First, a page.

Firms Advance Flow Chemistry | May 24, 2010 Issue - Vol. 88 Issue 21 | Chemical & Engineering News
Volume 88 Issue 21 | p. 10 | News of The Week
Issue Date: May 24, 2010

Firms Advance Flow Chemistry

Technology: Companies see business opportunity in continuous processes
Department: Business
Keywords: Flow Chemistry, Technology, flow processing
SBI is testing a continuous biodiesel manufacturing process.
Credit: SBI Fine Chemicals
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SBI is testing a continuous biodiesel manufacturing process.
Credit: SBI Fine Chemicals

Two companies are teaming up and a new one has formed to advance flow chemistry, the practice of running smaller chemical reactions continuously in microreactors, rather than in batches. The new business efforts are signs that flow processing is growing beyond a laboratory curiosity and into an accepted method of conducting chemistry.

ThalesNano, a leading supplier of benchtop flow-chemistry reactors, is combining its technology with Mettler Toledo’s ReactIR, a reaction analysis instrument that allows chemists to observe what is happening in real time. The companies say the combination will “support the further development of one of the fastest growing areas in chemistry.”

Based in Hungary, ThalesNano is among a handful of companies, all less than 10 years old, offering flow systems to chemists. Others include the British firms Syrris and Uniqsis. Bayer and Corning, which developed a glass flow-chemistry microreactor at laboratories in Fontainebleau, France, are larger players in the market.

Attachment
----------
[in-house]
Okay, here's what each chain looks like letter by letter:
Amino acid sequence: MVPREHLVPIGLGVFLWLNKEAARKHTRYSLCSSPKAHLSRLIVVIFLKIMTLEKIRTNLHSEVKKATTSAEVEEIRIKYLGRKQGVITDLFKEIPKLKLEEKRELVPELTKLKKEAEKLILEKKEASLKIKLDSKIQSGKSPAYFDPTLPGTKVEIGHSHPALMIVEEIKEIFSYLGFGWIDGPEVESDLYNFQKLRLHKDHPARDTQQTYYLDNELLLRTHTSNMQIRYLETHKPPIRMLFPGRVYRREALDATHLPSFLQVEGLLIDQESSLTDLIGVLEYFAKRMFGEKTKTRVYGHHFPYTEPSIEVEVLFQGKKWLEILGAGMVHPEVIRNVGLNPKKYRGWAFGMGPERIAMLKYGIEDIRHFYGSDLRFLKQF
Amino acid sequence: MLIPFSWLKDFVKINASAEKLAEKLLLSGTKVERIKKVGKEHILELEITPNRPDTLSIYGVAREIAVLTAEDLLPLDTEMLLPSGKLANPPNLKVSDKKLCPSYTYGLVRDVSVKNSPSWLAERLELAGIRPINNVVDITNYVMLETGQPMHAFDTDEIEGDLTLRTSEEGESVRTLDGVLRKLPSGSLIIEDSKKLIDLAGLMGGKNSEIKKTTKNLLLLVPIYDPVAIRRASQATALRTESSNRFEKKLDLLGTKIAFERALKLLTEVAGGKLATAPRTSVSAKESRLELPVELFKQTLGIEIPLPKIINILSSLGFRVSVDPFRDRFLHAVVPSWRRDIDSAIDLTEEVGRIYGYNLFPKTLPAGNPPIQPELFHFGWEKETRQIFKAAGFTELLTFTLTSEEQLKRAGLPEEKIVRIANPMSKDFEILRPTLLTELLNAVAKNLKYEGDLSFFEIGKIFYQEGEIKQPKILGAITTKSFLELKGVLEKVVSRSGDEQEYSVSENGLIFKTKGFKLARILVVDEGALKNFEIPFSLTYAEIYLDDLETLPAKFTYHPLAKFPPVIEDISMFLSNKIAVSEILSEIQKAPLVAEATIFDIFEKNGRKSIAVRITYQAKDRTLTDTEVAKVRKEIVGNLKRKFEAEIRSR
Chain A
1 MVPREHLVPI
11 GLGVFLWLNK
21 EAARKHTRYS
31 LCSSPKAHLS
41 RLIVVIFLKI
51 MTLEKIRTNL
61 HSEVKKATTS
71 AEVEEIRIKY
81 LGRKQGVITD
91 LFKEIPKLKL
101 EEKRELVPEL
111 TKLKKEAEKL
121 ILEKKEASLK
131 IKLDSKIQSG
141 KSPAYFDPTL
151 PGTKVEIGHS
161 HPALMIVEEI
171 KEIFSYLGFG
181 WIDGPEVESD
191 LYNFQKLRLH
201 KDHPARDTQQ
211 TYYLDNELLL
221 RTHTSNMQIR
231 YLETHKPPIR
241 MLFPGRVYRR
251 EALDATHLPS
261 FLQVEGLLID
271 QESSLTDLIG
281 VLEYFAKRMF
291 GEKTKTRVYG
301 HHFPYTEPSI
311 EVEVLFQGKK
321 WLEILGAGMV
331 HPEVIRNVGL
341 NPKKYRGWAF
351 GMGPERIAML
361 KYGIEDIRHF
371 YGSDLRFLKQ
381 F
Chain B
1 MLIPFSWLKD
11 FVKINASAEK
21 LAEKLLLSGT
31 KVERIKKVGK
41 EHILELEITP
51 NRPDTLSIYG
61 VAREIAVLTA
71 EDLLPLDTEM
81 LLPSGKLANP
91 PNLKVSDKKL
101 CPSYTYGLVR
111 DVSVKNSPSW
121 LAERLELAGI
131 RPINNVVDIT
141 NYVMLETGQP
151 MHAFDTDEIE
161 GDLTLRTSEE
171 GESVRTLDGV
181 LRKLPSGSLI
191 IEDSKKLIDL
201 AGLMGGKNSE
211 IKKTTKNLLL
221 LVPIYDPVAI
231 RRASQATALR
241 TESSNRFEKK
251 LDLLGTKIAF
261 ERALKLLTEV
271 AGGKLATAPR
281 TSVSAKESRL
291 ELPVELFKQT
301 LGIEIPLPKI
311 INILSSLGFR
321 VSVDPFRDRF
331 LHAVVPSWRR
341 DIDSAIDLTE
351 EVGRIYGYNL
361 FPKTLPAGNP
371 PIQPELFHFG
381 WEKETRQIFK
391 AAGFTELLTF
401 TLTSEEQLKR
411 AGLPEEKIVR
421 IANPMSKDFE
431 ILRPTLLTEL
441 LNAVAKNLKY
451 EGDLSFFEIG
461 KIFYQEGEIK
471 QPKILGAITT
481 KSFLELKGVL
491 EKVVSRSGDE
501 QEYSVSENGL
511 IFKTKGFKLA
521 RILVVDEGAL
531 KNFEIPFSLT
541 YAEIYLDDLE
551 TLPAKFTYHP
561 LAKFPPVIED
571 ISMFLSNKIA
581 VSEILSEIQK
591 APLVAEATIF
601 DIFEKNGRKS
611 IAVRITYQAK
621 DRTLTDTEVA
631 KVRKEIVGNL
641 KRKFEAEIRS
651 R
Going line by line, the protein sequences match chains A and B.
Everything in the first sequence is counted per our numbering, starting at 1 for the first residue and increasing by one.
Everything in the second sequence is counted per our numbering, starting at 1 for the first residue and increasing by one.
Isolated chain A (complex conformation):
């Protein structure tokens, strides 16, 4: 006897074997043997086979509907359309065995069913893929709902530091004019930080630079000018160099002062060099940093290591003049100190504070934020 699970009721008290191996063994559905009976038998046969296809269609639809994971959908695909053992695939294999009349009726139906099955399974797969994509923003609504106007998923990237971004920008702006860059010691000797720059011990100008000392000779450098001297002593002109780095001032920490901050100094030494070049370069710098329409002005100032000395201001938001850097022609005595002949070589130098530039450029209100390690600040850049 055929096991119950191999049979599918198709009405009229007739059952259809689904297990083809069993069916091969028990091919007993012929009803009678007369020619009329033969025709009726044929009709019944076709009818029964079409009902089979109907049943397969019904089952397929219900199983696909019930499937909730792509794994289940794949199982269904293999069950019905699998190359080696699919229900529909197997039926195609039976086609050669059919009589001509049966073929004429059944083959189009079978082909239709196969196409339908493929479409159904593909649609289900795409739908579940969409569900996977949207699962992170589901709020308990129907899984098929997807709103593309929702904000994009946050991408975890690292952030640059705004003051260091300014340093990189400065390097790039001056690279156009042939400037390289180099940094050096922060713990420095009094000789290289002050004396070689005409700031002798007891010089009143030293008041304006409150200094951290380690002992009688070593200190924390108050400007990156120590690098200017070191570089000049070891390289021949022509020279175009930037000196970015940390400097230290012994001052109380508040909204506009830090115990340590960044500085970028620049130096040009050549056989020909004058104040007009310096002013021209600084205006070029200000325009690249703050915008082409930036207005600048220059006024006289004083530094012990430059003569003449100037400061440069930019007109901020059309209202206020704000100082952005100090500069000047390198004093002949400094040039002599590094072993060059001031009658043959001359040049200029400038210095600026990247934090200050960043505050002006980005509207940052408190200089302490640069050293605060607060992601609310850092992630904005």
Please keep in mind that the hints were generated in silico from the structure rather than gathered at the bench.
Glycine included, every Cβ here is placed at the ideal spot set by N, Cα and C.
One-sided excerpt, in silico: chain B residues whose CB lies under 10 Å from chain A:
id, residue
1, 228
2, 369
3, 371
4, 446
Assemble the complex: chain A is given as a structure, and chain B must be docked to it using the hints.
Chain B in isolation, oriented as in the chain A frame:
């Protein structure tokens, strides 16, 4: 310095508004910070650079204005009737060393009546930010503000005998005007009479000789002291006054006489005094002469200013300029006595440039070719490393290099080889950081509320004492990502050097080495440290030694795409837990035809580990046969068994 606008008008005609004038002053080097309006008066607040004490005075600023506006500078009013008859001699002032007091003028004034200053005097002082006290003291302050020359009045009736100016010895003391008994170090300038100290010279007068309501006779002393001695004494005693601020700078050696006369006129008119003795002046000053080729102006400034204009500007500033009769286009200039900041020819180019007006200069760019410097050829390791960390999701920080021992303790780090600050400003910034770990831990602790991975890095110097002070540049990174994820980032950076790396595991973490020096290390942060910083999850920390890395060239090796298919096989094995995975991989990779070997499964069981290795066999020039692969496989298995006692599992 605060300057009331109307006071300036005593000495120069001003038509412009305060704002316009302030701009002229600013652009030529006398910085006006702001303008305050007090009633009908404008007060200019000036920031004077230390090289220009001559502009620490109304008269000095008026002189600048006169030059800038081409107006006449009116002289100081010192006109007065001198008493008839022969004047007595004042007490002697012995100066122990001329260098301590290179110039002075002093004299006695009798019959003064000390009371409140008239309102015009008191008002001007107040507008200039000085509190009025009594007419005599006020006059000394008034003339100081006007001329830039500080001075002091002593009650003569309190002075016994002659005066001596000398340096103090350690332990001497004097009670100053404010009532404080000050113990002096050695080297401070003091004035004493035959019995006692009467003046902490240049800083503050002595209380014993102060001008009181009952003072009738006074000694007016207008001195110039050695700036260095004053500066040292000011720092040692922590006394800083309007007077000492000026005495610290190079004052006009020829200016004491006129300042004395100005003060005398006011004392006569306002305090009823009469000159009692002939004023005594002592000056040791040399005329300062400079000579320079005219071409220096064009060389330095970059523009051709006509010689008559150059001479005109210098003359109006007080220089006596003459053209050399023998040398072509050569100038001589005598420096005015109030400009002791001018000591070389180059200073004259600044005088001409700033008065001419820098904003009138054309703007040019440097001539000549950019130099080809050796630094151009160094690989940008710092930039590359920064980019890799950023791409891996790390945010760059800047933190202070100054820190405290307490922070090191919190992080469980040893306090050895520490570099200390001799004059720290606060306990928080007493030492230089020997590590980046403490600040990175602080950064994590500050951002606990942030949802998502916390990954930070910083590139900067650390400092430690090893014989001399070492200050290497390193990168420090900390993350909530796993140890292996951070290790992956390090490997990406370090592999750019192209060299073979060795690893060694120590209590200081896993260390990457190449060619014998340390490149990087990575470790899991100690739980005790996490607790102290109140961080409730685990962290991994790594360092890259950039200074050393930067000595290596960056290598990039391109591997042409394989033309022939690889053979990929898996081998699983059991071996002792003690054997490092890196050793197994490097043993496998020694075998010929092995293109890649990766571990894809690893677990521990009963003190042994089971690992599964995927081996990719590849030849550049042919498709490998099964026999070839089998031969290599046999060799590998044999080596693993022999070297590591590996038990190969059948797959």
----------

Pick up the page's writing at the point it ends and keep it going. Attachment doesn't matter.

They are being joined by Cambridge, Mass.-based i2Chem, which launched earlier this year as a U.S. alternative to the Europeans. I2Chem CEO James N. Little, a chemist and entrepreneur who worked for the instrument maker Waters for many years, explains that the firm is commercializing microreactor technology developed by MIT chemical engineering professor Klavs F. Jensen.

Little says i2Chem is pursuing a hybrid business model that combines flow-chemistry equipment with process development services and contract production. Lonza and DSM, also European firms, are two more-prominent examples of companies that are using flow chemistry in specialty chemical production.

Despite its young age, i2Chem already has two customers and other potential ones, according to Little. “There are enough papers, conferences, and buzz on flow chemistry that almost everyone is thinking about it,” he says.

Meanwhile, a Canadian firm, SBI Fine Chemicals, is out to prove that continuous microreactor techniques can also be used on a larger scale. CEO Inder Pal Singh says SBI is building a biodiesel demonstration plant in Edmonton, Alberta, that can make 20 L of the fuel per minute from a variety of vegetable oils. Singh is looking for partners on a 150 million-L-per-year commercial plant.

 
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